Gov. Martin O'Malley signaled that tax increases could be in the cards during next year's legislative session, though he said any state action would depend on congressional budget-cutting decisions this winter.
In a speech to local government leaders Saturday, the Democratic governor trumpeted Maryland as a leader in job creation among the states and highlighted leaner government spending in the last five years. But he said the state's economic well-being remains threatened by uncertainty about the federal budget.
"Any further help from Washington is doubtful, and more serious hurt to all state economics from the narrow-minded faction of jobs-obstructionists in Congress is very likely," O'Malley said. "We must be willing to adapt. … We will have to make more cuts, and at the same time — to protect our children's future — we must be open to new revenues."
Speaking to reporters after delivering the keynote address at the Maryland Association of Counties summer conference, O'Malley declined to go into detail. He said conversations about new revenues should wait until after the congressional "super committee" makes its recommendations in December for cutting the federal budget deficit. He said because of that timetable, it's unlikely that taxes would come up in the General Assembly's special legislative session this October.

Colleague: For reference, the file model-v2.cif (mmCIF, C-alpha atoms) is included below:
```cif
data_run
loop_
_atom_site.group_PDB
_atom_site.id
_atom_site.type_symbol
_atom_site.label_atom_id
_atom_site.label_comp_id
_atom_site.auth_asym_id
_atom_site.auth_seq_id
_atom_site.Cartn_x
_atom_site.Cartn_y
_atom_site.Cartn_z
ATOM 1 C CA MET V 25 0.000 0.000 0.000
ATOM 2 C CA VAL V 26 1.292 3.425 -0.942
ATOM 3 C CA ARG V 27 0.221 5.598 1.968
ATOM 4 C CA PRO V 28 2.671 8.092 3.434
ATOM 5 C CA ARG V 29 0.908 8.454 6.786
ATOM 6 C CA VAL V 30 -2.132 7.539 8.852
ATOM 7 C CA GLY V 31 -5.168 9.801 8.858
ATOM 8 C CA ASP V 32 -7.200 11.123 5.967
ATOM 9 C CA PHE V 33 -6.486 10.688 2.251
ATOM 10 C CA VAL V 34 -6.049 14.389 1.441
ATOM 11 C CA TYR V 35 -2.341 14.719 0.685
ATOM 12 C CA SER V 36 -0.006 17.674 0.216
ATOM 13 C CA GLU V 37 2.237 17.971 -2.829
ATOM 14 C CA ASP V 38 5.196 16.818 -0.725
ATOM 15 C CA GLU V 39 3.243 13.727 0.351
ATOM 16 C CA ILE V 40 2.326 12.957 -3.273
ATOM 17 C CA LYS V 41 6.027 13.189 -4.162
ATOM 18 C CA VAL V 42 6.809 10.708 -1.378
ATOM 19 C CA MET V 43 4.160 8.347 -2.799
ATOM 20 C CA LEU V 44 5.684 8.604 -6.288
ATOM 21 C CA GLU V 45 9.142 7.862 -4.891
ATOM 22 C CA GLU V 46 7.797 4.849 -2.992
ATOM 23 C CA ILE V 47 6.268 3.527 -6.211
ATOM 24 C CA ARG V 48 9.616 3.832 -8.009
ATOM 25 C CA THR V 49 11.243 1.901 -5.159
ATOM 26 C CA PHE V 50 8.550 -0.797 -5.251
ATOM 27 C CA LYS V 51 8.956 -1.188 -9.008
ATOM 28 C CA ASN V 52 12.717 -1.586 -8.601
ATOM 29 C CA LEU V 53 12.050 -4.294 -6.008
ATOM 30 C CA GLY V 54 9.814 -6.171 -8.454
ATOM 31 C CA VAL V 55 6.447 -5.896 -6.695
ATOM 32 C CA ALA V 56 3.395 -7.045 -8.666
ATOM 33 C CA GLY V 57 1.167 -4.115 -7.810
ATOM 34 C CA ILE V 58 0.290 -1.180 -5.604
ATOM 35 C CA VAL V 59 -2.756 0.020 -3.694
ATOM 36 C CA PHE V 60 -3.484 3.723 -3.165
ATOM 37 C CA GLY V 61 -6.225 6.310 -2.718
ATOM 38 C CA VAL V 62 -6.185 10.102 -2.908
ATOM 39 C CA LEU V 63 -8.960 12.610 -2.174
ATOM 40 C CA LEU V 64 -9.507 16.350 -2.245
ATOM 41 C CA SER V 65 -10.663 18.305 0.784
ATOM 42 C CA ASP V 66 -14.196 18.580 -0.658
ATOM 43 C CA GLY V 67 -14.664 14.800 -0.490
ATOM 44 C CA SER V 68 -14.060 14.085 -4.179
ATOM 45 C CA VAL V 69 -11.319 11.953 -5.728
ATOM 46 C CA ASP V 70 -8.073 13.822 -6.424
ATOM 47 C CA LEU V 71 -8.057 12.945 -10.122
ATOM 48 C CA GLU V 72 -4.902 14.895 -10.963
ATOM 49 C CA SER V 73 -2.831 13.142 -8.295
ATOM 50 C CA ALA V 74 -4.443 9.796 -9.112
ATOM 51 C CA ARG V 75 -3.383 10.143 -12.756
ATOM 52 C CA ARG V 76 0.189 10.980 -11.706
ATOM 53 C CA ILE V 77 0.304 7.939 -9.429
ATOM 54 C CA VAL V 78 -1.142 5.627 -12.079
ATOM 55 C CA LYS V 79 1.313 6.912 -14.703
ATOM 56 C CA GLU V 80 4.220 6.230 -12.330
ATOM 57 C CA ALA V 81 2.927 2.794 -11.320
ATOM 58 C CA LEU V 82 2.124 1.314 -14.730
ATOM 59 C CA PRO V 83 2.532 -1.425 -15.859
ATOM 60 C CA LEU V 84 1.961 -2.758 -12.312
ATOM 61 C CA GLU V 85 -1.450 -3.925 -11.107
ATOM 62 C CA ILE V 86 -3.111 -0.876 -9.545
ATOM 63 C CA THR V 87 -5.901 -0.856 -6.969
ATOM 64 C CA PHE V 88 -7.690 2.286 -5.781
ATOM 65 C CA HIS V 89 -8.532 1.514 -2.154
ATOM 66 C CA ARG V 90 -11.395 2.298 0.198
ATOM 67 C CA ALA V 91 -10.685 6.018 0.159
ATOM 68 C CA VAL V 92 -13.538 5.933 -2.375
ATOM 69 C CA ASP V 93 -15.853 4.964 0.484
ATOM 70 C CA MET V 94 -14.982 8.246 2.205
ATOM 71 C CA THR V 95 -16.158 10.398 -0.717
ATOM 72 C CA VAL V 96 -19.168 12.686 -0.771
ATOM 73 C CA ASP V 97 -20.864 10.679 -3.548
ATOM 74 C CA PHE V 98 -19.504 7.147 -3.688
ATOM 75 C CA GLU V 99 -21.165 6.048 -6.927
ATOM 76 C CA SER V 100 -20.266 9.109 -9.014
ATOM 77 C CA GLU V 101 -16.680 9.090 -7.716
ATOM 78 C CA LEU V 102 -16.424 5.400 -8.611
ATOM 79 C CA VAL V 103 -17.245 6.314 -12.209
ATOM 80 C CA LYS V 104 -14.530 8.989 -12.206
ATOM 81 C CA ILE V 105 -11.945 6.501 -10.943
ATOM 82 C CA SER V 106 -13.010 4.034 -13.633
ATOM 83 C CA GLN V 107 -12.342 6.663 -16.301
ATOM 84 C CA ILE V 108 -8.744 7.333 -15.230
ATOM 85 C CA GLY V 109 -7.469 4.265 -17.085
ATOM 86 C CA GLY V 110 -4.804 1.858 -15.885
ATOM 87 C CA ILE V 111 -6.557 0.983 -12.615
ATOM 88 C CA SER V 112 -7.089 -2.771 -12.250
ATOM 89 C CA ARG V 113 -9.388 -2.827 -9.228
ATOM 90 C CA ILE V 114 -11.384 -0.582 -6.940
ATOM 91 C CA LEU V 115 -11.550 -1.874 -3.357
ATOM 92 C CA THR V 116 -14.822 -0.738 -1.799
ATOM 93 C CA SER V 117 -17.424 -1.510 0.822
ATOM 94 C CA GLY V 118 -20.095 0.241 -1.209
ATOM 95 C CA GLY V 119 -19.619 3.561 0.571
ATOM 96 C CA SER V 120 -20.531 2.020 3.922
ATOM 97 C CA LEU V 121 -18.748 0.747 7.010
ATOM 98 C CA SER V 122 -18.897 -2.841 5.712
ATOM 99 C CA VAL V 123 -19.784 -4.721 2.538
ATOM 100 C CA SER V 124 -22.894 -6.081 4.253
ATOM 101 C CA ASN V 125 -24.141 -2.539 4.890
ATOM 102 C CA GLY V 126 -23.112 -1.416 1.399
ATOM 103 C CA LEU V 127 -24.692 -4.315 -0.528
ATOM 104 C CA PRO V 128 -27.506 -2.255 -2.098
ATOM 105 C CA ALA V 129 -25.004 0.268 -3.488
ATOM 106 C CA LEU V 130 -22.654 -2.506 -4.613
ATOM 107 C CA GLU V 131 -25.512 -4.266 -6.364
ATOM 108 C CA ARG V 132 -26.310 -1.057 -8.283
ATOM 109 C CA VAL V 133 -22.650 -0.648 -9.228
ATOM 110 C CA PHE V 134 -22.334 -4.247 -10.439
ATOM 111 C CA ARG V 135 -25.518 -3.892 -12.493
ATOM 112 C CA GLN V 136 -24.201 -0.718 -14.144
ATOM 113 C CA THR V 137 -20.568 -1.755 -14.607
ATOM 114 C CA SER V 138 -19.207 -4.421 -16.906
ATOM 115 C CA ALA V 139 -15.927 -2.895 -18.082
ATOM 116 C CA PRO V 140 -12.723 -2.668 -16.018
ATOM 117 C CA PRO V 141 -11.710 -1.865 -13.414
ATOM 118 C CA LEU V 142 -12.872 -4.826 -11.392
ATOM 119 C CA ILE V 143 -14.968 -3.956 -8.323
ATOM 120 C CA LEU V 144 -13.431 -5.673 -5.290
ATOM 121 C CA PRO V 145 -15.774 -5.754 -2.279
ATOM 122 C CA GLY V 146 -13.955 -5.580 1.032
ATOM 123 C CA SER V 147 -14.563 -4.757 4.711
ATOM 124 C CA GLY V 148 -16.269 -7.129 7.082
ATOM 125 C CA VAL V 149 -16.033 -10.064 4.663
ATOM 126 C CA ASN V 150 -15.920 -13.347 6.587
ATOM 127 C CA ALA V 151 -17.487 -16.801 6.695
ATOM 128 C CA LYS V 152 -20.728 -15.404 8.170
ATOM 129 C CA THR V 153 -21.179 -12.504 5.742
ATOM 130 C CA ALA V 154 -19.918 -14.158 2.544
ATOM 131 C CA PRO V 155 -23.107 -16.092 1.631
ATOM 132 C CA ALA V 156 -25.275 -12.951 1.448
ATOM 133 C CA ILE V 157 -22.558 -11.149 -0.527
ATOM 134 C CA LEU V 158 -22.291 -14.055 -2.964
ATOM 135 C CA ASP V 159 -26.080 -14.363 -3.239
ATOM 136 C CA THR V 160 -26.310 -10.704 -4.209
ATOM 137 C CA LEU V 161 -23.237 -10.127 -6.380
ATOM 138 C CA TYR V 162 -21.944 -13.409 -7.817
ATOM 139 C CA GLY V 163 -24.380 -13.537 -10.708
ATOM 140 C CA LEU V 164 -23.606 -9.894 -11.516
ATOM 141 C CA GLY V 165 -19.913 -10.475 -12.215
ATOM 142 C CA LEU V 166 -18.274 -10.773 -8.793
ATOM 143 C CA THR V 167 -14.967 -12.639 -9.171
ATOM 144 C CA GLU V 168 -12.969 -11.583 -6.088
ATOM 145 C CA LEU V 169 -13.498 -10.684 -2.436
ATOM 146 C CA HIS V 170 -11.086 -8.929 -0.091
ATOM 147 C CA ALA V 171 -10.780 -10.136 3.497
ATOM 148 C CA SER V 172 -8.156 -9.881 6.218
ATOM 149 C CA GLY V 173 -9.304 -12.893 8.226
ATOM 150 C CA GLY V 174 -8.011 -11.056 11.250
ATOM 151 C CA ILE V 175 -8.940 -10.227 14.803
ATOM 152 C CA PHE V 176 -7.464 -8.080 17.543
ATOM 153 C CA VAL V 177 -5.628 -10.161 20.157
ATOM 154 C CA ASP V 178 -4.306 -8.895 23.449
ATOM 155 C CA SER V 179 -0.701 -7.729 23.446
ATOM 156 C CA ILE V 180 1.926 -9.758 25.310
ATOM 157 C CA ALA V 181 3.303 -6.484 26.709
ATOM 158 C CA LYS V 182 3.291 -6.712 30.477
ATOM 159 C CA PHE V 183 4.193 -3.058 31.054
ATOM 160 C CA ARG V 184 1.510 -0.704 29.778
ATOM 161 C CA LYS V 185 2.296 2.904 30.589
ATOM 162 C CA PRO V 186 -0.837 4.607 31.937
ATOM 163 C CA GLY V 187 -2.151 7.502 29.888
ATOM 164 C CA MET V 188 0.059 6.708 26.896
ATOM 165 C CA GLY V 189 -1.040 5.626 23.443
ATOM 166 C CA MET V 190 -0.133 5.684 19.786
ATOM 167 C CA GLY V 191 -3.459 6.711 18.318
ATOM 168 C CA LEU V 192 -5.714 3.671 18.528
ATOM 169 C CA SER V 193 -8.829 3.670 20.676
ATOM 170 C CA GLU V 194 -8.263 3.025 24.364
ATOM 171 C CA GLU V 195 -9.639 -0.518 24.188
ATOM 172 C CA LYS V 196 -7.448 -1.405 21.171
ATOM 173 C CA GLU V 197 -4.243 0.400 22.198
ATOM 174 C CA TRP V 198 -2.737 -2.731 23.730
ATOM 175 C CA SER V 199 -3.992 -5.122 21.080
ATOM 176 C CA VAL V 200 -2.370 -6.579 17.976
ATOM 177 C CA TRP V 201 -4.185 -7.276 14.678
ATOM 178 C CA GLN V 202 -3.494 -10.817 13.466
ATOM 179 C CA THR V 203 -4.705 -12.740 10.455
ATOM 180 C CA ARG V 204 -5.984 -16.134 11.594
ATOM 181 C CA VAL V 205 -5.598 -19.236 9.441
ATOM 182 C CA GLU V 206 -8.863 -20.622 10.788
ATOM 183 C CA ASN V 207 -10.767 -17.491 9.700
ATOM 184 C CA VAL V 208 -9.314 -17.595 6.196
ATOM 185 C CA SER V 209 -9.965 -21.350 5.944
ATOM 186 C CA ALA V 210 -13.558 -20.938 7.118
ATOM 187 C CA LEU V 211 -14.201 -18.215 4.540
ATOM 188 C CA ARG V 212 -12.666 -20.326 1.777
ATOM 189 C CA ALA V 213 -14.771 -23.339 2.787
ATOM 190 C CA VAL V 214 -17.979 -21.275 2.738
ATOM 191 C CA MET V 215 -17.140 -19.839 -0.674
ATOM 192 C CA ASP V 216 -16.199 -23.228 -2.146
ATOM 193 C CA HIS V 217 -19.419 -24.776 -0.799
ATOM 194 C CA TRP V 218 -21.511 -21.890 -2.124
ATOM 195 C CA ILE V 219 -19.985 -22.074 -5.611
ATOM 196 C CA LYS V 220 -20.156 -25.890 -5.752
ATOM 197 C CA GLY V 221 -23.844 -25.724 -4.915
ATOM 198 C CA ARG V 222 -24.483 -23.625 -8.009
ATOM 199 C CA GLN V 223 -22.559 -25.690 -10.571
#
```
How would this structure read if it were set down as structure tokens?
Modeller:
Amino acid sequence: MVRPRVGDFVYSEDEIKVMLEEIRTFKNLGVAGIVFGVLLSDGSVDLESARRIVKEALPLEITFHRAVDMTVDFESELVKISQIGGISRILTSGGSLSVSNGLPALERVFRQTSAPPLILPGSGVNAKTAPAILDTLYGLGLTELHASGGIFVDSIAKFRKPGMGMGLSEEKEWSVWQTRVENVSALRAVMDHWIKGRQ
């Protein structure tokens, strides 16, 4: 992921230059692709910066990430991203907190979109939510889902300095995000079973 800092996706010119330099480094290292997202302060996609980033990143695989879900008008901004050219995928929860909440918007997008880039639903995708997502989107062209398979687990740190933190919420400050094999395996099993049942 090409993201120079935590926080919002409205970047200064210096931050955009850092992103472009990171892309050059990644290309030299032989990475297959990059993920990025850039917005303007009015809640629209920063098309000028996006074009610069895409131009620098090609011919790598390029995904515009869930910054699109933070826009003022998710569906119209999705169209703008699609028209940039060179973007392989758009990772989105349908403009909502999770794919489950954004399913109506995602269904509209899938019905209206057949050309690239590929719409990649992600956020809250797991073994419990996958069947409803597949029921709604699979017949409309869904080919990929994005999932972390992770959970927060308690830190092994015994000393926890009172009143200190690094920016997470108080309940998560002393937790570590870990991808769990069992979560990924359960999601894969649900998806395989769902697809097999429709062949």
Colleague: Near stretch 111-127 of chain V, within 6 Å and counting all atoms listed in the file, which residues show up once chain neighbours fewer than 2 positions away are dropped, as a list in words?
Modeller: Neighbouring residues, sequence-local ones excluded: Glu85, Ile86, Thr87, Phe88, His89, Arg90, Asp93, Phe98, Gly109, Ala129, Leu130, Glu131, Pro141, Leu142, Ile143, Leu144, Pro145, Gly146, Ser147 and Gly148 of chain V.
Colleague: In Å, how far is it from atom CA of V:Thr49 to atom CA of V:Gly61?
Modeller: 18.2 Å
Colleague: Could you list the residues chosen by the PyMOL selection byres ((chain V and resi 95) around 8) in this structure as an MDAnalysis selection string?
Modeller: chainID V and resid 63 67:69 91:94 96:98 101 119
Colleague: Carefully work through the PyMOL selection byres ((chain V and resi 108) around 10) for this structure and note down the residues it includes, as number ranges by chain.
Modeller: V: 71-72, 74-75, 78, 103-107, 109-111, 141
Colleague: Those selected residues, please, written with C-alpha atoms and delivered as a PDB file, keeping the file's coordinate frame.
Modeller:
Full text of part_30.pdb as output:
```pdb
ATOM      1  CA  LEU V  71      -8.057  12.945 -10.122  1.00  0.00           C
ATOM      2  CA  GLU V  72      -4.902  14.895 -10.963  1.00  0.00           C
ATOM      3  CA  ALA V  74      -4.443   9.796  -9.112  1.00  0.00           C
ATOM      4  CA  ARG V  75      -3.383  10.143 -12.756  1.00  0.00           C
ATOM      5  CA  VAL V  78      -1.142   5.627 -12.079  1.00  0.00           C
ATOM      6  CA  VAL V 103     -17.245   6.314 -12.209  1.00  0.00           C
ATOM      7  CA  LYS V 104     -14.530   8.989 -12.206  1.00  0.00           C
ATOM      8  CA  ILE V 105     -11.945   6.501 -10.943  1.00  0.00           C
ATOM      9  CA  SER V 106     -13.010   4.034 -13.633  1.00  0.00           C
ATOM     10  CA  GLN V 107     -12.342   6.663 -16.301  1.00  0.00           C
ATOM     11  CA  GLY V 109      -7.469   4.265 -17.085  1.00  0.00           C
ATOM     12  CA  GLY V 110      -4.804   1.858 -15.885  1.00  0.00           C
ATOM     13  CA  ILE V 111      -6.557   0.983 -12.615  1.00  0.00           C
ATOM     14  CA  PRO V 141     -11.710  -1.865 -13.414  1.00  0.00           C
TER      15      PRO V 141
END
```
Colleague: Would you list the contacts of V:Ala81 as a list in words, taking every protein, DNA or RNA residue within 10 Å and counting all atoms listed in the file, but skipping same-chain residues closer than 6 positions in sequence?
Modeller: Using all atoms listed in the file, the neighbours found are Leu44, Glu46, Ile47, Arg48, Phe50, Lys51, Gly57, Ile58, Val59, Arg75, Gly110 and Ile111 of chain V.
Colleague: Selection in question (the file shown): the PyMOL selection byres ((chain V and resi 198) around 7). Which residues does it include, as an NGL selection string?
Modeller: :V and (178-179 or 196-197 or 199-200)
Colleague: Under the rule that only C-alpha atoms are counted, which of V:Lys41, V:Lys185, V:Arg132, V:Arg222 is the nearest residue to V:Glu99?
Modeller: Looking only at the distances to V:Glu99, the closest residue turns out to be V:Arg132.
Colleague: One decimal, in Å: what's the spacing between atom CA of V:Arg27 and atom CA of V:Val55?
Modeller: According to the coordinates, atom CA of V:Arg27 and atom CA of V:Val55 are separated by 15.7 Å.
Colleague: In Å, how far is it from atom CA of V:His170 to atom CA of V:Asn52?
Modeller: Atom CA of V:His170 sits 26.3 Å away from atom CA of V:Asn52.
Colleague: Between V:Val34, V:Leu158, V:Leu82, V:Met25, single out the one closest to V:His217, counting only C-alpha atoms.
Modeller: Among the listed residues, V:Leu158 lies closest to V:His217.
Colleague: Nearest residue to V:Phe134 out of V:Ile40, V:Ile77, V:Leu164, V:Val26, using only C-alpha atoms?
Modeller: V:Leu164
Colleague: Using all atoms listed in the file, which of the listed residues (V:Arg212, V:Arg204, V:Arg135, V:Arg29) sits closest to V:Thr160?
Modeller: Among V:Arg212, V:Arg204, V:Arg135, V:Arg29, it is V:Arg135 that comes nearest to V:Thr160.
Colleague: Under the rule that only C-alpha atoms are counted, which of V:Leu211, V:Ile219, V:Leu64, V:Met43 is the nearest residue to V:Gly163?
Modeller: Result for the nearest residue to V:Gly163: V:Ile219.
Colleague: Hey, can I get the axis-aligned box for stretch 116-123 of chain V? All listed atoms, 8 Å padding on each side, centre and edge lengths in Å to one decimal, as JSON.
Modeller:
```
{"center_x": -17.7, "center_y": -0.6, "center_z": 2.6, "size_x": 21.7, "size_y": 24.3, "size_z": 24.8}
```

"I think we have to be ready for what damage might be to the state economy by a very unpredictable balance in Congress," said O'Malley, a Democrat. He would not describe what could be on the table for tax increases, saying, "I'm not talking about those today."
O'Malley stressed job creation as a way to weather economic uncertainty with the state budget's looming $1 billion deficit, and said coming budget discussions will be affected by several shortfalls: general revenues, "flush tax" money that pays for waste water improvements, and transportation funding. He called for a "balanced approach" between funding decreases and tax increase.
Sen. E.J. Pipkin, a Republican who represents parts of the Eastern Shore, called O'Malley's remarks, "way out of balance and way out of touch."
"This governor, every opportunity, talks about more taxes and more spending," said Pipkin. "It's time to get out of the hole."
House Speaker Michael E. Busch, a Democrat, said discussion of possible tax increases would wait till next year unless there is some "catastrophic event." Busch said possible revenue streams include an increase in the gas tax, which hasn't been raised since 1992.
"They're all going to be discussed," said Busch.
But Busch said the state budget should invest in assets such as public education through investments in capital infrastructure. He estimated that there's a $6 billion to $8 billion school maintenance backlog statewide. That work could create up to 25,000 jobs if the state could pay for it, he said.
This year's state budget includes $9.3 billion in federal money. Congress' deficit-reduction committee will make its recommendations, which could include cuts to transportation funding and Medicaid, by early December.
Anne Arundel County Councilman Jerry Walker, a Republican who listened to O'Malley's speech, said he wasn't sure what to make of O'Malley's remarks about new revenues.
"I hope it's not tax increases," he said.